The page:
Noomi Rapace, playing Lisbeth Salandar, practically burned a hole in the screen in “The Girl With the Dragon Tattoo.” She was edgy, dangerous, sexy, brilliant, and, despite her small stature, an adversary you wouldn’t want to meet in a dark alley. Now, having somehow latched on to a small fortune, she’s just another anonymous expatriate with a Cayman Islands bank account, staring at the ocean and smoking cigarettes. Eventually, bored silly, she makes her way back to Denmark, where her old ally, Mikael (Michael Nyqvist) now works for a news magazine. She looks up an old lover, and after one desultory liaison, gives her the apartment for a while, so Lisbeth can continue to be incognito, but after one ill-advised foray to re-threaten an old nemesis, she manages to get falsely accused of murder, and now the police are after her. So somehow she has to clear her name while on the run. (Shades of the old American plot of “The Fugitive”).
Rehashing the back story of how Lisbeth, as a teenager, set fire to her father, who was abusing her mother, we also re-visit her sobering background in institutions for the criminally insane, and her subsequent degradation by her parole officer, on whom she exacted a literal revenge. But now, instead of rooting for her to survive her horrific ordeal with at least a modicum of sanity intact, we’re just watching her indulge in old-fashioned vigilante justice, which still makes her edgy, but hardly endearing. Mikael, meanwhile, seems to be attracting the attention of a perfectly nice woman a lot closer to his age, but remains obsessed, still, with the haunting, brooding presence of the enigmatic Lisbeth.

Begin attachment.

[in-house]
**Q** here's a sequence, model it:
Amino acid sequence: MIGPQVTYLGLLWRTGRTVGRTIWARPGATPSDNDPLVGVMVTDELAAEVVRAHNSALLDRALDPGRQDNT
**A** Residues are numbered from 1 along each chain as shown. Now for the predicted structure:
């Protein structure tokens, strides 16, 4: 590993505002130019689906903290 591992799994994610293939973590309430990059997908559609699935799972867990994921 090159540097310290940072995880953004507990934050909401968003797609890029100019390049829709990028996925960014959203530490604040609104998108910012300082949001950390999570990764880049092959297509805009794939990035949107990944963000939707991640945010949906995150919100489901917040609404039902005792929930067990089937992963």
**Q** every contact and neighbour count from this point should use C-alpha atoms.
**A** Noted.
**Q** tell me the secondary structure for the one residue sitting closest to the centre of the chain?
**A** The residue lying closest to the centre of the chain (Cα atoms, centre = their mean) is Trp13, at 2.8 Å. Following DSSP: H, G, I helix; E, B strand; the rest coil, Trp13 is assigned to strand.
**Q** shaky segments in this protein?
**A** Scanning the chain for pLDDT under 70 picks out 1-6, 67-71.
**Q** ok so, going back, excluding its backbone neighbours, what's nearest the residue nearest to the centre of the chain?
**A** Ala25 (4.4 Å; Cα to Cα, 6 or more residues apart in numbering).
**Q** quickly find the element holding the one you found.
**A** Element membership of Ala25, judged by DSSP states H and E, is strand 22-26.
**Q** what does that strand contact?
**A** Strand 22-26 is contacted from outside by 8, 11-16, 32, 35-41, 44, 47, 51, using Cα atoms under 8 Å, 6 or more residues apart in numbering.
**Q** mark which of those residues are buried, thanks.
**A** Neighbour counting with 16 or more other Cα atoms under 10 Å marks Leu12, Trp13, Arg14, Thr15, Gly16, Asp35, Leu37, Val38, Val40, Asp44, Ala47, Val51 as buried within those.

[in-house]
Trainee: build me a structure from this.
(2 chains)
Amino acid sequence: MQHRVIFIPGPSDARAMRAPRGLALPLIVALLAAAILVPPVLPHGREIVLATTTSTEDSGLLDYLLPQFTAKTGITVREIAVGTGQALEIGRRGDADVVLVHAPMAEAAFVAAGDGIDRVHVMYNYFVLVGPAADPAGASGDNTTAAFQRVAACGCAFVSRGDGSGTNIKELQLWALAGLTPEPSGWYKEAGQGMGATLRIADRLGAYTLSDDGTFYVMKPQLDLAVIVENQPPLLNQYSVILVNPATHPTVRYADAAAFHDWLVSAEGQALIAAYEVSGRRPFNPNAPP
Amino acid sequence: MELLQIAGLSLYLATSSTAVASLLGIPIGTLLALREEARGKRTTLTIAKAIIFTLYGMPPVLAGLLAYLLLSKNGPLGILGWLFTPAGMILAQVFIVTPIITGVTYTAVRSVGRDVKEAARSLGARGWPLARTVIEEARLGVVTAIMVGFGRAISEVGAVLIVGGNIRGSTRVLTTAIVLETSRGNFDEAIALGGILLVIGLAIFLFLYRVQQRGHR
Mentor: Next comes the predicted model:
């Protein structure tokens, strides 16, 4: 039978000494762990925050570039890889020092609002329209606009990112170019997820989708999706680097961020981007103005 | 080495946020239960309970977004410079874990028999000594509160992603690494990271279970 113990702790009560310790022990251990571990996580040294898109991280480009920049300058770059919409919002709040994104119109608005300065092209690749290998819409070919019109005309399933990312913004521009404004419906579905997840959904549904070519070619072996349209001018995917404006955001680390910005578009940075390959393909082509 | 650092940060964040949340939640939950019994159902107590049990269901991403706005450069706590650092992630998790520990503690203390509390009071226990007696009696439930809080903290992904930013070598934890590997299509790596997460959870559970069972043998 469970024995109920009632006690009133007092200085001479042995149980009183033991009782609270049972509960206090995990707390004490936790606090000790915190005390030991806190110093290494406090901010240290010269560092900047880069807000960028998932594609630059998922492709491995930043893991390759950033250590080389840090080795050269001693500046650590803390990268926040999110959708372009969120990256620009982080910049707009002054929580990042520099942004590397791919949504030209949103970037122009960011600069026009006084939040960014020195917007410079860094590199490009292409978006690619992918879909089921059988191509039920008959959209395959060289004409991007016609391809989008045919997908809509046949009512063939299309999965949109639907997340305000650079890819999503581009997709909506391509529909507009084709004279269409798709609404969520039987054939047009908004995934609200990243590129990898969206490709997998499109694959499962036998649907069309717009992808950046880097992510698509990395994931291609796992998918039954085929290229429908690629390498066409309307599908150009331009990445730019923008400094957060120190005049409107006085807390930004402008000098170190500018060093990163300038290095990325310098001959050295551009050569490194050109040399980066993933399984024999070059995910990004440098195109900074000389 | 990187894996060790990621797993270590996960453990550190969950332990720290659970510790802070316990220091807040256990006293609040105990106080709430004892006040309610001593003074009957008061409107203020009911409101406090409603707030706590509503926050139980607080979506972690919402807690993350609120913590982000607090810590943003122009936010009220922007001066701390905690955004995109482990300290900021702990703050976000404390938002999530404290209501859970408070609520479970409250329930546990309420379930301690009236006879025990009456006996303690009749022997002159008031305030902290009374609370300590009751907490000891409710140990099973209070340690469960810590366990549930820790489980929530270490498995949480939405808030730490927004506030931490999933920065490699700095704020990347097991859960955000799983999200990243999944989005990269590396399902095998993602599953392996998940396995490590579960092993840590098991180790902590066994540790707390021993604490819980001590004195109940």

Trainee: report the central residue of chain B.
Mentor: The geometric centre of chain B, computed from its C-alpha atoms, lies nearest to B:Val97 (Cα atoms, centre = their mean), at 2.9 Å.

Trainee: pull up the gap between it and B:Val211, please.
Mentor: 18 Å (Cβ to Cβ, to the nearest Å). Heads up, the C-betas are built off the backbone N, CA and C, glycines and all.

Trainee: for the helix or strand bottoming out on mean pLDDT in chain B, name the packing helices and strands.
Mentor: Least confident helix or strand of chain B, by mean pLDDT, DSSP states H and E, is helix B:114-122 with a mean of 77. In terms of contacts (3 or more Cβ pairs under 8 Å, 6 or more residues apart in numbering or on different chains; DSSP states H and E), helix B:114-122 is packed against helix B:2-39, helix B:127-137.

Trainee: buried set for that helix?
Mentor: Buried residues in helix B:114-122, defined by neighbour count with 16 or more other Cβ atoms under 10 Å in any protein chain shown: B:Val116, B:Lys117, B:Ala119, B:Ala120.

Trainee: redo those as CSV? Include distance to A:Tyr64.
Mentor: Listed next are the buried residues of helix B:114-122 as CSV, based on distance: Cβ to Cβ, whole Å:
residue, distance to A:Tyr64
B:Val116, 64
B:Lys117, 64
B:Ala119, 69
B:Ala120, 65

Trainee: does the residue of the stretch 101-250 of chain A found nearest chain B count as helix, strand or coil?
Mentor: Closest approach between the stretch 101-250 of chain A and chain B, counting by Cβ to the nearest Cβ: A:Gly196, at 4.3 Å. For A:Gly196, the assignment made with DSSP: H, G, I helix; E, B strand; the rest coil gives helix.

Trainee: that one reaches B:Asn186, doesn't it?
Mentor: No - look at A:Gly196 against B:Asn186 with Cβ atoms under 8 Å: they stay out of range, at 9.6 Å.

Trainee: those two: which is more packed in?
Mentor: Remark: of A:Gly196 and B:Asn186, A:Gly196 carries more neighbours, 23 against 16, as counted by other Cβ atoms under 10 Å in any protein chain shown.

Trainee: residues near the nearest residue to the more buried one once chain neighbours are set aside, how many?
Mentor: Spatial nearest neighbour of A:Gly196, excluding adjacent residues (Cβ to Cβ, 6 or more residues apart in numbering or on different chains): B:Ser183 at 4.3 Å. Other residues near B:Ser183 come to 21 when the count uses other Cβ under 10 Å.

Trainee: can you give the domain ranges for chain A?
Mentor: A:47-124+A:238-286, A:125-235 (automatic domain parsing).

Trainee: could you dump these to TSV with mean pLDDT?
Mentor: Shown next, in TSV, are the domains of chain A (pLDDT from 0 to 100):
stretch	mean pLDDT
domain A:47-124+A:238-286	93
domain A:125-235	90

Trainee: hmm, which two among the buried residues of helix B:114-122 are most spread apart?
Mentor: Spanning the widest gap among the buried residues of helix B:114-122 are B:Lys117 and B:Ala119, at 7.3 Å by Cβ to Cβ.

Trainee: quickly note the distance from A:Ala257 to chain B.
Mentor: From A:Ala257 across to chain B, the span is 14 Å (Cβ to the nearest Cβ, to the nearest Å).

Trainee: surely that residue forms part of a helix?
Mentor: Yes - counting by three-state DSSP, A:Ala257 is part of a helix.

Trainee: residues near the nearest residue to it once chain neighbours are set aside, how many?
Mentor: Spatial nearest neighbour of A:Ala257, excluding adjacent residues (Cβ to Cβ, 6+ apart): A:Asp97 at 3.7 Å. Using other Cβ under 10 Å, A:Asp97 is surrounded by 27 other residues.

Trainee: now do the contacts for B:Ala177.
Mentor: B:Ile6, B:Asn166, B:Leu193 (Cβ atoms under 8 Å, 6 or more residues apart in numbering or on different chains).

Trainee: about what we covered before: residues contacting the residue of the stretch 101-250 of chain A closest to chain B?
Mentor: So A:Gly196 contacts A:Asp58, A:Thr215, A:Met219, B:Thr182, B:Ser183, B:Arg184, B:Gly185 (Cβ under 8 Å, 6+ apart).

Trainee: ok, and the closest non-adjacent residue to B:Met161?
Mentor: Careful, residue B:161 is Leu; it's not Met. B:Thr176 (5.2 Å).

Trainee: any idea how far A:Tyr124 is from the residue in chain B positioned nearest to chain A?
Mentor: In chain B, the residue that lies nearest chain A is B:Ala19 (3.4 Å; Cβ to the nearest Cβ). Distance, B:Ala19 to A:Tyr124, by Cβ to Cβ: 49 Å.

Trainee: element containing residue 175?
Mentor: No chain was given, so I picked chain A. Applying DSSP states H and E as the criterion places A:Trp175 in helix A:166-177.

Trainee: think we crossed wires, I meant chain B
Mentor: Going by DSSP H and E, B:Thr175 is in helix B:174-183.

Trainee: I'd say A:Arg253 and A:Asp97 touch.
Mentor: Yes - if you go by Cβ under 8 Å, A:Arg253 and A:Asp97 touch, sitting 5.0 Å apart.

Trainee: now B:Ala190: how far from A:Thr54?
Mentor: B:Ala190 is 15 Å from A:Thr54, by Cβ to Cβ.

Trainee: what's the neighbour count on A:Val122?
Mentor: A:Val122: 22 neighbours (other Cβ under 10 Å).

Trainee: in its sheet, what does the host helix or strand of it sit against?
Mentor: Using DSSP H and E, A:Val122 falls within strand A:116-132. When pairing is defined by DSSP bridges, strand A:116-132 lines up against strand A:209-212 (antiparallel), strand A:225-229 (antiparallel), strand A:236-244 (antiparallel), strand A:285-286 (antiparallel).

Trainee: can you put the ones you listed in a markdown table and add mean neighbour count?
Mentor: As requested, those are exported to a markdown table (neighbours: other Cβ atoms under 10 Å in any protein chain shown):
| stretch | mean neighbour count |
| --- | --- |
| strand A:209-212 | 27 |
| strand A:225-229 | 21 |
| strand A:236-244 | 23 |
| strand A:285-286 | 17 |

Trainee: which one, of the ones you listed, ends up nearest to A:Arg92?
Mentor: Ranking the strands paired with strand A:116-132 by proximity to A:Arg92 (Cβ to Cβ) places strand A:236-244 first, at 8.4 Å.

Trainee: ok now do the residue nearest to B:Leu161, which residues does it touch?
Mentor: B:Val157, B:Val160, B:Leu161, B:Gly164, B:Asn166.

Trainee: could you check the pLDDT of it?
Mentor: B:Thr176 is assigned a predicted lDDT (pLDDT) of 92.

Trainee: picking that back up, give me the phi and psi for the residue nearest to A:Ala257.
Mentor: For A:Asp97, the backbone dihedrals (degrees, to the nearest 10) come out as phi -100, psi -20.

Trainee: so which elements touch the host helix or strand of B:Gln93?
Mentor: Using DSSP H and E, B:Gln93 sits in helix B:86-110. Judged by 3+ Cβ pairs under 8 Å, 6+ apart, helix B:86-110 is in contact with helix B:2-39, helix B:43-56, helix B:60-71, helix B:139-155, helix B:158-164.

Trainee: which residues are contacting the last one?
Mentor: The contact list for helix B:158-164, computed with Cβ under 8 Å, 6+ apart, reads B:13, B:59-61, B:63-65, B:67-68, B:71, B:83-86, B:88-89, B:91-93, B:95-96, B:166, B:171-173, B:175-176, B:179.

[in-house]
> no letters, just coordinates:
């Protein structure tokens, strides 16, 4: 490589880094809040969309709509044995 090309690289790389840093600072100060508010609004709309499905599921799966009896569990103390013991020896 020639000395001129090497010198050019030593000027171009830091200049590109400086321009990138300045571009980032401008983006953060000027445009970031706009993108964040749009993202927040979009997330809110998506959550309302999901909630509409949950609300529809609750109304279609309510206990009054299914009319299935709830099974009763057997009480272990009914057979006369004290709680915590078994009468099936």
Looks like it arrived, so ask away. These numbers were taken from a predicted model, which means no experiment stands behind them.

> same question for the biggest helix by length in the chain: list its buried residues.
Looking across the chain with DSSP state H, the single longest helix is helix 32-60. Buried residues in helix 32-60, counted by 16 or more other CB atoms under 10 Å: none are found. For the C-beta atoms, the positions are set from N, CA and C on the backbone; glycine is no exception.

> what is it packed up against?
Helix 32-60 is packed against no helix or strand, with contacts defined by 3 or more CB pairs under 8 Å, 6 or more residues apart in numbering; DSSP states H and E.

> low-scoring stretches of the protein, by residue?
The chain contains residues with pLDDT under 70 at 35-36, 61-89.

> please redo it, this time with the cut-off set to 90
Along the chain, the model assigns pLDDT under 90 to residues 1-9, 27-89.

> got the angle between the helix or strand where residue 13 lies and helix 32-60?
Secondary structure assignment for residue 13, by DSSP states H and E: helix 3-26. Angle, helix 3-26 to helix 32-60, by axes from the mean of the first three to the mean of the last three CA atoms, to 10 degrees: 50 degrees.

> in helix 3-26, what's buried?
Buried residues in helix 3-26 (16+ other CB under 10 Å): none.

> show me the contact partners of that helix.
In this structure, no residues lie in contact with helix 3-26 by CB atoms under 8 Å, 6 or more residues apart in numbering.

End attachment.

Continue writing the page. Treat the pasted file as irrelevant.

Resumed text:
Throw in an old Russian KGB angle, a stakeout and shootout in a barn, and a little bit of instant computer expertise, and you have a film that’s no longer so out of the ordinary. Yes, we’re still set up for Part Three, but we like our heroines to look, well, not so much like they’re strung out on heroin. And our leading man could maybe be … something other than a middle-aged, slightly frumpy, ordinary-looking magazine writer. And 130 minutes starts feeling pretentious when there’s so much footage of standard sedans driving normal speeds on regular roads. Sure, there’s still a lot of Danish Gothic here, but without the cloaked-in-mystery, sharply-honed drama, the viewer may well tire of the pervading self-important humorlessness of it all.
RONALD P. SALFEN is pastor of Grace Church, Greenville, Texas.